Tom Payne, food industry consultant, U.S. Highbush Blueberry Council, Folsom, CA, says dehydrated blueberries make sense in mixes alongside other antioxidant-rich ingredients like walnuts, pecans and dark-chocolate chips. On the production line, formulators can choose from freeze-, microwave- or infused-dried options, during which frozen blueberries are dipped in a warm-water solution and then submerged in sweeteners—such as like juice concentrate or syrup—to infuse sweetness and create a shelf-stable blueberry that makes sense in a mix.

“Consumers are increasingly looking for snacks that pack a mix of protein and fiber,” says Manning, “the nutrients that help people feel fuller longer.” Plant-based proteins like roasted almonds and walnuts, or dried chickpeas and lentils, meet demand, as do seeds like hemp, chia, pepita and flaxseed.

Planters has seen success with its NUT-rition products, many of which call out specific nutrient benefits, as seen in Blueberry Nut Protein Mix featuring honey-roasted peanuts, granola protein clusters, almonds, yogurt-covered raisins and blueberries. The line received a packaging makeover in 2015 in conjunction with a national ad campaign.

Blue Diamond performed well over the past year in the snack nuts segment, up 8.55 percent in dollar sales to $497.6 million, offering a range of international sensations via its Bold Flavors line, including Sriracha, Wasabi & Soy Sauce and Habanero BBQ.

Private label leads the snacks/trail mix category by a wide margin, often due to attractive price points—but also innovation. Target Corp. has maintained consumer appeal for its snack mixes, some of which take on bold flavor profiles, like the Archer Farms Tex Mex, made with spicy peanuts, almonds, salsa corn sticks, sesame sticks, chili bits and pepitas. Its Zen Party mix includes rice crackers, sesame sticks, green peas, almonds, cashews and wasabi peas.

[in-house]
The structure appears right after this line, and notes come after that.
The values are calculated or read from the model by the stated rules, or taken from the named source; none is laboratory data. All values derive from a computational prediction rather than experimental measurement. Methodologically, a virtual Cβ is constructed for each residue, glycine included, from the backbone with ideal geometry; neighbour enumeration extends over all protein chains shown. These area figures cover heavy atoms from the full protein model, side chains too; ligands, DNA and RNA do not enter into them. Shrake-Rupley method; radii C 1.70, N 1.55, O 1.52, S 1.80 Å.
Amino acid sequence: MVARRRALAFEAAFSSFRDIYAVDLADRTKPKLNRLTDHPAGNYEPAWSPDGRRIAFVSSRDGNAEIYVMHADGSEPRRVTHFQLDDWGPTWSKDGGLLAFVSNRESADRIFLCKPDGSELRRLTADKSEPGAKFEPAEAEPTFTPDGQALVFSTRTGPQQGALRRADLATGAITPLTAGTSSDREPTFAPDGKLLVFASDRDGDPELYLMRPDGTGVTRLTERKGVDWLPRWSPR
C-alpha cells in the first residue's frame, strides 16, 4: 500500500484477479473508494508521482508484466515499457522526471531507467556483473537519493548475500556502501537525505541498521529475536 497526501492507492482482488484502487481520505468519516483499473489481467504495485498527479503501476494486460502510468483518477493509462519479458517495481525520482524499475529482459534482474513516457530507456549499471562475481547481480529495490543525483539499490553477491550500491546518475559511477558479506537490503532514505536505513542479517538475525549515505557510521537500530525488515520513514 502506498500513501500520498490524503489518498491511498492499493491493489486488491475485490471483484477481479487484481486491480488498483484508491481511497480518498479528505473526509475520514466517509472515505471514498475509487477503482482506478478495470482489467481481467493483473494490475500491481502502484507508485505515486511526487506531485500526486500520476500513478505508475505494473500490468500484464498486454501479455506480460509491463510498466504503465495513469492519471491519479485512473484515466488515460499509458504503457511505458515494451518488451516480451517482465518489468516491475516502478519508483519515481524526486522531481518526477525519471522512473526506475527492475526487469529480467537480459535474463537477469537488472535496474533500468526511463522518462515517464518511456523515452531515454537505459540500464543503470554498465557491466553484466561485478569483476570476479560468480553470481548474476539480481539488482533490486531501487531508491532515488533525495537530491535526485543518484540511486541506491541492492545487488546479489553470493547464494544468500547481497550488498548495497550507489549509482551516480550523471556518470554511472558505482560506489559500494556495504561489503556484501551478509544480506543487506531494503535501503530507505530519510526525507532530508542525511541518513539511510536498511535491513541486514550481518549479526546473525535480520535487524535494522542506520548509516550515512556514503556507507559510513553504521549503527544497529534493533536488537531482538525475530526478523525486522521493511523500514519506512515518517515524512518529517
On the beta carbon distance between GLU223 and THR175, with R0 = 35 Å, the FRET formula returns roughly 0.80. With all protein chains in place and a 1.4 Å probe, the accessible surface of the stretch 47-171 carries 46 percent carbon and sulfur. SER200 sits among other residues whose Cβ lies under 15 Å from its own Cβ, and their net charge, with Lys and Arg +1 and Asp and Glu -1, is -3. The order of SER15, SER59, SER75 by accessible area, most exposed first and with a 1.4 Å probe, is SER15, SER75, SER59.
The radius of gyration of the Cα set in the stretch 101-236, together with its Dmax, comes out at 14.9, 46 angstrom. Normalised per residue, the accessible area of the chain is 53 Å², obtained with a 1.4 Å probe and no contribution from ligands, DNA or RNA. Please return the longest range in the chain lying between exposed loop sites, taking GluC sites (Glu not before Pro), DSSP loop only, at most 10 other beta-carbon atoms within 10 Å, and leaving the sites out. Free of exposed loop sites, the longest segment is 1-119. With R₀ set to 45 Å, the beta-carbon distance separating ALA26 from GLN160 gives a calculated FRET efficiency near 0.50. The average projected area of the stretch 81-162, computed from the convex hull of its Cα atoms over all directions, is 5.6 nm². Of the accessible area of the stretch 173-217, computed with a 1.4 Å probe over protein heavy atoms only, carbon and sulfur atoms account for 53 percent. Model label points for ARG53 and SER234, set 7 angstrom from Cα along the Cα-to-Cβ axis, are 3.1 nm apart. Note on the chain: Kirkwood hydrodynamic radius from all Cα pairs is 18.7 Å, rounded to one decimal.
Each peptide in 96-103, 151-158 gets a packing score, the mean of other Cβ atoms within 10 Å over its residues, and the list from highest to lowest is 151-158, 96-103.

Looking forward

Many snack mix and nut products often include premium ingredients that command a premium price.

“We are looking for snacks to do more than just give us something to eat—we are looking for fuel,” says Kadey. “People are looking for protein and fiber, and a snack that’s going to taste great. With that, a slightly higher price sensitivity is available.”

Consumers’ willingness to try something new, paired with a surge in diverse ingredient combinations on the market, is shaping new trends in mixes. And though millennial shoppers are often credited with demanding spice, Kadey says it’s also generation Z and baby boomers driving this trend. “They’re expecting to excite and engage more senses with flavor, aroma and spice,” he says, noting that it’s not sheer heat they're after, but rather flavors around the spice, “whether it’s a fermented aged cayenne, Hispanic or Asian flavor.”He notes that French’s Flavor Ingredients offers wet and spray dried flavors, as well as products like crispy onions, jalapeños and potato sticks that all work well in a snack mix formulation.

Going forward, dehydrated proteins are on the radar, from jerky to plant-based options, because dehydration is a clean-label preservative that also offers great flavor. “People would rather see something smoked, pickled, dehydrated or freeze-dried than treated with an unnatural preservative,” suggests Kadey. “From jerky and other dried meats to vegetable-proteins, the ones that are less tough and chewy, as well as nutrient-dense, well-seasoned and colorful—those will get the most use.”

In the end, the future looks bright, says Kadey: “Consumers today have a zest for new ideas, are open to spending more and are sharing mixes with others. It’s probably the best time ever to be in the snack mix business.”